The Wildest of Birds

by Rex Burress

They live neath the curtain

Of  fir wood and heather,

And never take hurt

In the wildest of weather...
         --Patrick Chalmers

If the mysterious "Pud-wudgies," the autumn elves created by Chalmers, are the wildest will-o’-the-wisps, the Green Heron must be one of the wildest of birds. I see the miniature herons along the Feather River, but not for long, as they are prone to go clumsily flying away the minute they think you are looking at them. There are a number of extra-shy birds, but the "little green" ranks high for exclusiveness. Perhaps that is why you seldom see them around the Lake Merritt Wildlife Refuge in Oakland that is more exposed, although the Great and Snowy Egrets nest there, as well as the Black-crowned Night-Herons.

In the ornithological toss-around of bird names the Green Heron, Butorides virescens, was once called "Little Green Heron," but the "little" was dropped, even though we still have a Little Blue Heron of the southeast. "What’s the latest?" Maybe it sounds like the "Little Bedtime Stories" of Thornton Burgess! We also have a Great Blue Heron. In Missouri where I lived as a boy, my Dad called the herons "shag-pokes." Thus it is with common names ... variable.

It takes a keen eye to spot a Green Heron feeding along the edge of the river, as well as practically any pond where there might be aquatic food, since they freeze into position, often clamped to a branch, or blended into the grass, where they wait in perfect patience it would seem for food to come along. The short-looking neck is ready to spring – and it can plunge outward in an incredible stretch – usually connecting with a fish. When they are ready to vacate their position under too much scrutiny, they erupt from the edge with a ruffle of feathers and an elevated head crest, emitting a loud squawk that seems entirely out of the quiet bird’s character. They are reminiscent of the American Bittern, another shy bird of the marsh that practices camouflage by stretching its brown-streaked body in conformation with the reeds. Bitterns also take off with a loud squawk and resemble Green Herons to such an extent in habits they are sometimes called "green bitterns."

I saw a Green Heron the other morning on my early dawn neighborhood walk, a course that takes me up along Guppy Creek. The little drainage that snakes along the roadside and disappears into a culvert is fed by springs and overflow lawn watering, but it also supports mosquito fish, the "guppies" that Vector Control stocked. The heron had discovered the isolated source of food, and there one stood, perfectly still in the watercress, watching me intently, its keen eye riveted on me like an eagle watching a rabbit. The minute I looked at it – eruption! – and the disorderly take-off and uncontrollable squawk. There was no sticking around with man the unpredictable.

In the image of other wading birds like egrets and herons, the green takes to the trees when nesting, and not always near water. I was called to a foothill home once to identify a young "sharp-billed bird" that had fallen from a nest in their oak grove. It was a Green Heron. The startling thing was the lack of nearby water, other than a swimming pool, which had no fish prey, although the owners said they saw the parent birds prowling around the edge stalking invisible fish. The parents must have commuted for food to some stream, or Lake Oroville, nearly three miles away. Strange.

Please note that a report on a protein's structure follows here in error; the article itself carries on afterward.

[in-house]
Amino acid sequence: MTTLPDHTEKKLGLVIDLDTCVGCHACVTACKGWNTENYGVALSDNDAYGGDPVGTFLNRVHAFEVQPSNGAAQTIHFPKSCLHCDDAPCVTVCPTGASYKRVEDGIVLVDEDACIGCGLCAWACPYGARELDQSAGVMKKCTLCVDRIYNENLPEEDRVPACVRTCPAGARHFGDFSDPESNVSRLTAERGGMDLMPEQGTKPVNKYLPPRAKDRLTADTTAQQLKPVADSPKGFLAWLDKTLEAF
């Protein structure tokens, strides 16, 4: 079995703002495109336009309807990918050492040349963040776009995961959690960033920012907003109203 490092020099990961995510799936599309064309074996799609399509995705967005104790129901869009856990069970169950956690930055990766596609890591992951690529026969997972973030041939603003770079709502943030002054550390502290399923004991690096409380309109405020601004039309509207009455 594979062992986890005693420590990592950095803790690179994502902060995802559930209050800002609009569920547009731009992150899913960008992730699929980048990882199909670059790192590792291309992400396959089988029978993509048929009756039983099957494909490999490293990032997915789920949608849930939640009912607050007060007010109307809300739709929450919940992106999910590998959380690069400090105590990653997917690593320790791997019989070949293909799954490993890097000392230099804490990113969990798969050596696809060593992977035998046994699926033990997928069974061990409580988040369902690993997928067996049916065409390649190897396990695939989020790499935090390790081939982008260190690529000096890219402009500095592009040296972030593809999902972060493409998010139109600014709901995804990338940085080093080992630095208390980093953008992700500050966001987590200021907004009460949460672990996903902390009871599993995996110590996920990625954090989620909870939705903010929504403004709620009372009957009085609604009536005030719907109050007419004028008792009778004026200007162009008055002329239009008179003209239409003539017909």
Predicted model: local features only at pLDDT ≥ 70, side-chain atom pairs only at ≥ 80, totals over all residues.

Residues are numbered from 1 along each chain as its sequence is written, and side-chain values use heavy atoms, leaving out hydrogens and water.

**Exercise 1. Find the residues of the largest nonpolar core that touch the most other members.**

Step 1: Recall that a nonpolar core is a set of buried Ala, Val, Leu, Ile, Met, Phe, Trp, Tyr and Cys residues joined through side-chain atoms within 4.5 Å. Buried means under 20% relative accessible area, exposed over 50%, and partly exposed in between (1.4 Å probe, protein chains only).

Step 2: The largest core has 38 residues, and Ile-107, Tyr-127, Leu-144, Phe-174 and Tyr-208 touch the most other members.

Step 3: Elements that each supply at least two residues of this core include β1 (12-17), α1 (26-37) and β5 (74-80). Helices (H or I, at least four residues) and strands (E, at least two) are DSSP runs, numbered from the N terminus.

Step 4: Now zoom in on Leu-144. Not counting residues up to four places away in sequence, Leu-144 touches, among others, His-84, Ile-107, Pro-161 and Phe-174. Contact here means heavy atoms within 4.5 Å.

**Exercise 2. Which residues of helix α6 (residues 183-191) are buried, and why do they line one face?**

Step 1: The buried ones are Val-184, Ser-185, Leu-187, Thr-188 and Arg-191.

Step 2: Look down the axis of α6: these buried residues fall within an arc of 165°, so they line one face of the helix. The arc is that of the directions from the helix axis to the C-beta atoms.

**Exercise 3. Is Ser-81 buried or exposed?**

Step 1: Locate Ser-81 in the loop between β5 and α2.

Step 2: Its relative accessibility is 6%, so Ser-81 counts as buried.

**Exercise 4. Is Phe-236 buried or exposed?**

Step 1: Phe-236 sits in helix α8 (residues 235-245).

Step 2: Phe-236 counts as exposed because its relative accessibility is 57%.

Although "little," the Green Heron is not the smallest member of the heron family, with the Least Bittern taking that ranking. The Least Bitterns, like the Green Herons, are migrants in spite of their awkward-appearing flight, doing most of their traveling at night, which further supports their retiring personality. Their populations are wide spread over the U.S., and inland birds, especially, retreat to southern realms in the winter where the water is open. Some hang around the California Central Valley marshes, especially a few American Bitterns, although I don’t recall seeing any Green Herons at Gray Lodge Refuge in the winter. They are more prone to be close to the coast, even in salt marsh vegetation during colder weather.

Whatever put the wild in Green Herons ... and kingfishers ... it provides a flavor of wilderness and takes us out of the tameness of civilization. That wild flavor permeating the perimeter of the river and wooded hills gives us wildlife close to home without having to trek off to faraway places for watchable wildlife. Many of those wild things come to us from migratory passageways.

Having the uniqueness of the Green Heron occupying the riverside provides a valuable component of wildlife diversity to whet our watching. The cast of characters interacting in the riverine environment is quite remarkable, and each performs its instinctive rituals according to the dictation of its inherited gene structure. It’s something you can depend on. There is a general behavior with added quirks according to the seriousness of the immediate situation. I know it is the Acorn Woodpecker flying across the river from the way it swoops along in an indefinite flight. The Northern Flicker has its peculiar way of landing on a tree branch, just as the Black Phoebe darts out from its perch, or the swallows sailing in the sky.

The cast of characters retain their individualistic style in the midst of the limited community as if proud of their way of life. The hawk and vultures soar, the waterfowl swim, the divers dive, the Bushtits scurry, the geese fly in formation, the hummingbirds dash about, and the egrets stand at attention, or go flapping off in slow-motion flight. The Green Heron will be there, stalking warily along the edge, and flopping away from scary beasts. You can depend on it!

© 2003 Rex Burress
August 26, 2003